Farm Bureau Primed to Improve Federal Ag Program
American Farm Bureau
President, American Farm Bureau
This past year, I've covered a lot of territory, talking with a lot of you Farm Bureau leaders, members, friends and allies. There's one common tune that everyone sings. Times are tough in rural America. We have fought drought and floods, ruinous prices and costly regulations. We don't know what the weather holds for us in 2000. But other news is discouraging. Farm income is expected to decrease this year. Analysts predict the value of our exports may fall further.
These are just a few of the reasons why we need a strong, active Farm Bureau working for solutions. Through Farm Bureau's policy development process, producers of all commodities come together to develop programs to benefit farm and ranch families. During times like these, cooperation is vital. Each of us can get lost in our own problems, our own situation. However, through Farm Bureau, our individual voices are magnified, our strengths intensified.
We need programs that provide stability and foster profitability. Farm Bureau delegates recognized this. Delegates plainly and loudly reinforced the organization's support for existing farm programs, with more emphasis on support for farmers when times are bad. They rejected calls to reintroduce supply management programs.
Farm Families Need Support, Not Talk
Many farmers and ranchers still want to work within the boundaries of the 1996 farm law, pursuing production flexibility while seeking better ways to manage risk. Rising supplies, falling purchases, increasing regulatory costs and decreasing export opportunities were not the factors envisioned when the FAIR Act became law. Farm Bureau is calling for rapid adoption of measures to provide counter cyclical income support to supplement farm program payments. This would not jeopardize the integrity of the current law. Instead, farm and ranch families would receive federal assistance during extraordinary times such as today's, when help is needed.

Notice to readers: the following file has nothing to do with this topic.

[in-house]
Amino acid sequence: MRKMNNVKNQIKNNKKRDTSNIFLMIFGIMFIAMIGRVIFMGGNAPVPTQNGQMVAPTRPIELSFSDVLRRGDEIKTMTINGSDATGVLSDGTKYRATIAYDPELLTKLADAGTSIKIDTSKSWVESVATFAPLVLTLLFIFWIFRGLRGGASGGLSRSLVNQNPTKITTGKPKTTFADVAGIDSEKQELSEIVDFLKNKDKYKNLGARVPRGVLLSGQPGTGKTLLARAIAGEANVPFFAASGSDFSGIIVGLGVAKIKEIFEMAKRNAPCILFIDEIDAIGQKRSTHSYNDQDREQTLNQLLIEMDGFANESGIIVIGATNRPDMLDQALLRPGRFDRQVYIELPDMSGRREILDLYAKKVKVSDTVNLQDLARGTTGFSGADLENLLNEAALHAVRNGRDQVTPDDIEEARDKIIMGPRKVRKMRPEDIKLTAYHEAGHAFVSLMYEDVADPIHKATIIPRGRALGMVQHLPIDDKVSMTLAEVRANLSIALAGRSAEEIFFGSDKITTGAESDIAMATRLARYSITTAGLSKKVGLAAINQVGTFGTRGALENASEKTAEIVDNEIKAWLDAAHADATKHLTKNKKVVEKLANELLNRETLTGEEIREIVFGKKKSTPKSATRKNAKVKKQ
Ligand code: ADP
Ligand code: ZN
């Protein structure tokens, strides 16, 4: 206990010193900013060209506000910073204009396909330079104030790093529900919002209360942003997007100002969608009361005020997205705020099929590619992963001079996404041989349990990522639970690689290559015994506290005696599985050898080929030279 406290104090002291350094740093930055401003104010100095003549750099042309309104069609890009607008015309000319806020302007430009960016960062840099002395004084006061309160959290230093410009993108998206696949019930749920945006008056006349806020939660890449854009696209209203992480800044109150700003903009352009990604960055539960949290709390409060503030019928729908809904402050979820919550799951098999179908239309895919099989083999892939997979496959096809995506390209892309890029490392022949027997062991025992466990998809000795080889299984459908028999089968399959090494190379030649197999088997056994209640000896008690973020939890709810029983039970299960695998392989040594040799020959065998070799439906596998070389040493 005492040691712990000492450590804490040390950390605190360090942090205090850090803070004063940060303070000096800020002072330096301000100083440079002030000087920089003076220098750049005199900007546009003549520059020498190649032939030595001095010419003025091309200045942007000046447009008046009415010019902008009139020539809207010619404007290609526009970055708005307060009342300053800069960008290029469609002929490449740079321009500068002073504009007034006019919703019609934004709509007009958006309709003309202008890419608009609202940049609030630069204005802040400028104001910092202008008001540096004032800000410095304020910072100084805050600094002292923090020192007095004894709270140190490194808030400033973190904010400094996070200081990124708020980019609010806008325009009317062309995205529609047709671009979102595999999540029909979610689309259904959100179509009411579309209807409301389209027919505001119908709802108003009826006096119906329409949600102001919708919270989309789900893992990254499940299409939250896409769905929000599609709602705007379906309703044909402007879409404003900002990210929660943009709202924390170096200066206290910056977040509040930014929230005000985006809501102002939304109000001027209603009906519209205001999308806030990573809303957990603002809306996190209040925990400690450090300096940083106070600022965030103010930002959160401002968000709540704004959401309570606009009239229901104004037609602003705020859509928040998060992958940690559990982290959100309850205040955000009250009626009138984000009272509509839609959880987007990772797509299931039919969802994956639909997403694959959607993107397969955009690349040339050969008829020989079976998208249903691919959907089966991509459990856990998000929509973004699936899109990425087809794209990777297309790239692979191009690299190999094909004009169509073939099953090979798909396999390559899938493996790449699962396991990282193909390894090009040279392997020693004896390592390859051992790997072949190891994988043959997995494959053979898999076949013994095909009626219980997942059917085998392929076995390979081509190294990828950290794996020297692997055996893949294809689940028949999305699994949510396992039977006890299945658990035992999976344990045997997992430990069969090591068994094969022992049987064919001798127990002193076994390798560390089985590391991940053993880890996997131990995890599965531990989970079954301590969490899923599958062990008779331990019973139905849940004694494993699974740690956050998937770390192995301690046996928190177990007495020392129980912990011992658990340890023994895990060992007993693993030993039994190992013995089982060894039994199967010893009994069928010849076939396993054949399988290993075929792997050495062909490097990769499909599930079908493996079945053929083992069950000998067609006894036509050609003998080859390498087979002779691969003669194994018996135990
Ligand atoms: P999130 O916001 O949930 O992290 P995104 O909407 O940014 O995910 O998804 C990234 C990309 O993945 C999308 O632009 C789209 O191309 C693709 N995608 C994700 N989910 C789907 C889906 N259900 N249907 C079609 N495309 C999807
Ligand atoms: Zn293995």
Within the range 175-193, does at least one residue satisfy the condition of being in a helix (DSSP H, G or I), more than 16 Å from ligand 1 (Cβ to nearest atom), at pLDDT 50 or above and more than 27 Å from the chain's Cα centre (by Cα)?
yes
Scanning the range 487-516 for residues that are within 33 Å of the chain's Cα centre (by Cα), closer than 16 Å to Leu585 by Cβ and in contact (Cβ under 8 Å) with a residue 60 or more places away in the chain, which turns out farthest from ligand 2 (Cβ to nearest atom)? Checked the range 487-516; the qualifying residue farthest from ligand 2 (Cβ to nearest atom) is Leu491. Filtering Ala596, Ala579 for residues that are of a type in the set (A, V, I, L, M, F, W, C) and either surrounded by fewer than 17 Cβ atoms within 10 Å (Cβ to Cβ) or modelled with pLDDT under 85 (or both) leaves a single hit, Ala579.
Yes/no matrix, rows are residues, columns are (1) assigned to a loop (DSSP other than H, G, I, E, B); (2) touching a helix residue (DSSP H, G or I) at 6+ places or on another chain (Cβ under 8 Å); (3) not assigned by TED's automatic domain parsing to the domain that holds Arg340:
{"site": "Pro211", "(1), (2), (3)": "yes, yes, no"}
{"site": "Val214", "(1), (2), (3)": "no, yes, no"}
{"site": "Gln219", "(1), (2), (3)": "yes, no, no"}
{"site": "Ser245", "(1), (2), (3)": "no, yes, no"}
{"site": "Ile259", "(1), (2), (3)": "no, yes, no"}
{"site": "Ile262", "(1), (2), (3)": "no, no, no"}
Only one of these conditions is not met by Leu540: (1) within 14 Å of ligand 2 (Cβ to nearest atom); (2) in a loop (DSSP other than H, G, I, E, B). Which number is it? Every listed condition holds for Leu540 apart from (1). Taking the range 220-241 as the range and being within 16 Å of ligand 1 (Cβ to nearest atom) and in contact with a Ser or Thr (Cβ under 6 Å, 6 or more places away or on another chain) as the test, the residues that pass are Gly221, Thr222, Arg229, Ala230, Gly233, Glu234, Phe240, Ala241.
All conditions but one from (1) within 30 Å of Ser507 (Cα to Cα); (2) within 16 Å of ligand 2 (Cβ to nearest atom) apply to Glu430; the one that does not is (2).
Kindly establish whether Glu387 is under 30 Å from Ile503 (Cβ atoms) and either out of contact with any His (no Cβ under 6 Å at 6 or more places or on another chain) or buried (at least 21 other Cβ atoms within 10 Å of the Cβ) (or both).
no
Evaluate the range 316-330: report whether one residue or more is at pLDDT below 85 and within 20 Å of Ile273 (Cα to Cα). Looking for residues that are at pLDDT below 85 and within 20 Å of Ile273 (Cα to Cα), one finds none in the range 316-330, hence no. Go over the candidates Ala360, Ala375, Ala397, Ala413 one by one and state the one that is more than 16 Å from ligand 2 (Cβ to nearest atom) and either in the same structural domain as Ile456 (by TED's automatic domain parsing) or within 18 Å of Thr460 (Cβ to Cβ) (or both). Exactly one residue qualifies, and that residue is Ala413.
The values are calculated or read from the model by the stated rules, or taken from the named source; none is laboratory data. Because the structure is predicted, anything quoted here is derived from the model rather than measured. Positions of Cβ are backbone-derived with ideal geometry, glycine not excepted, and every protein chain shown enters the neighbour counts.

High on Farm Bureau's agenda this year is making sure that producers of all commodities receive attention, not just those with a history of farm program participation. Producers of virtually every commodity are receiving an insufficient reward for their efforts.
Fair Trade and Reasonable Rules Are Key to Ag's Progress
In order for this country to continue bragging about farmers' productivity and how it translates into affordable food for consumers, national leaders must follow through on promises made to us half a decade ago. The 1996 farm law was enacted with agriculture's support based on promises of specific additional actions. Elected leaders assured farmers and ranchers that there would be progress in opening foreign markets to our products and reducing unnecessary regulations. We're still waiting.
We appreciate and applaud the administration's trade expansion efforts. But we still face obstacles that could and should be overcome. U.S. farmers and ranchers don't expect special treatment. We do expect fair treatment. Where global trading rules are inadequate or ponderous, we call on our government to identify and work with those partners who agree to pursue fair and open trade policies.
Our elected leaders' failure to achieve regulatory reform is a major and costly disappointment. Tax reform, fairness and simplification did not happen in 1999. This must change. Arbitrary and unnecessary environmental regulations continue to cost us a bundle. Yet they provide nothing to benefit society. This must change. Farm Bureau's Number One priority is sensible implementation of a food quality protection law. Yet bureaucrats are using this law as an opportunity to write regulations that will eliminate the farm chemicals we need to provide safe, wholesome and abundant products.
Our livelihoods and our lifestyles depend on keeping U.S. agriculture dominant. Work with me. Work for yourself, your family, your industry, your country. What we must do is in our AFBF policy book. Working together in Farm Bureau, we can make a difference. Working together in Farm Bureau, we will make a difference.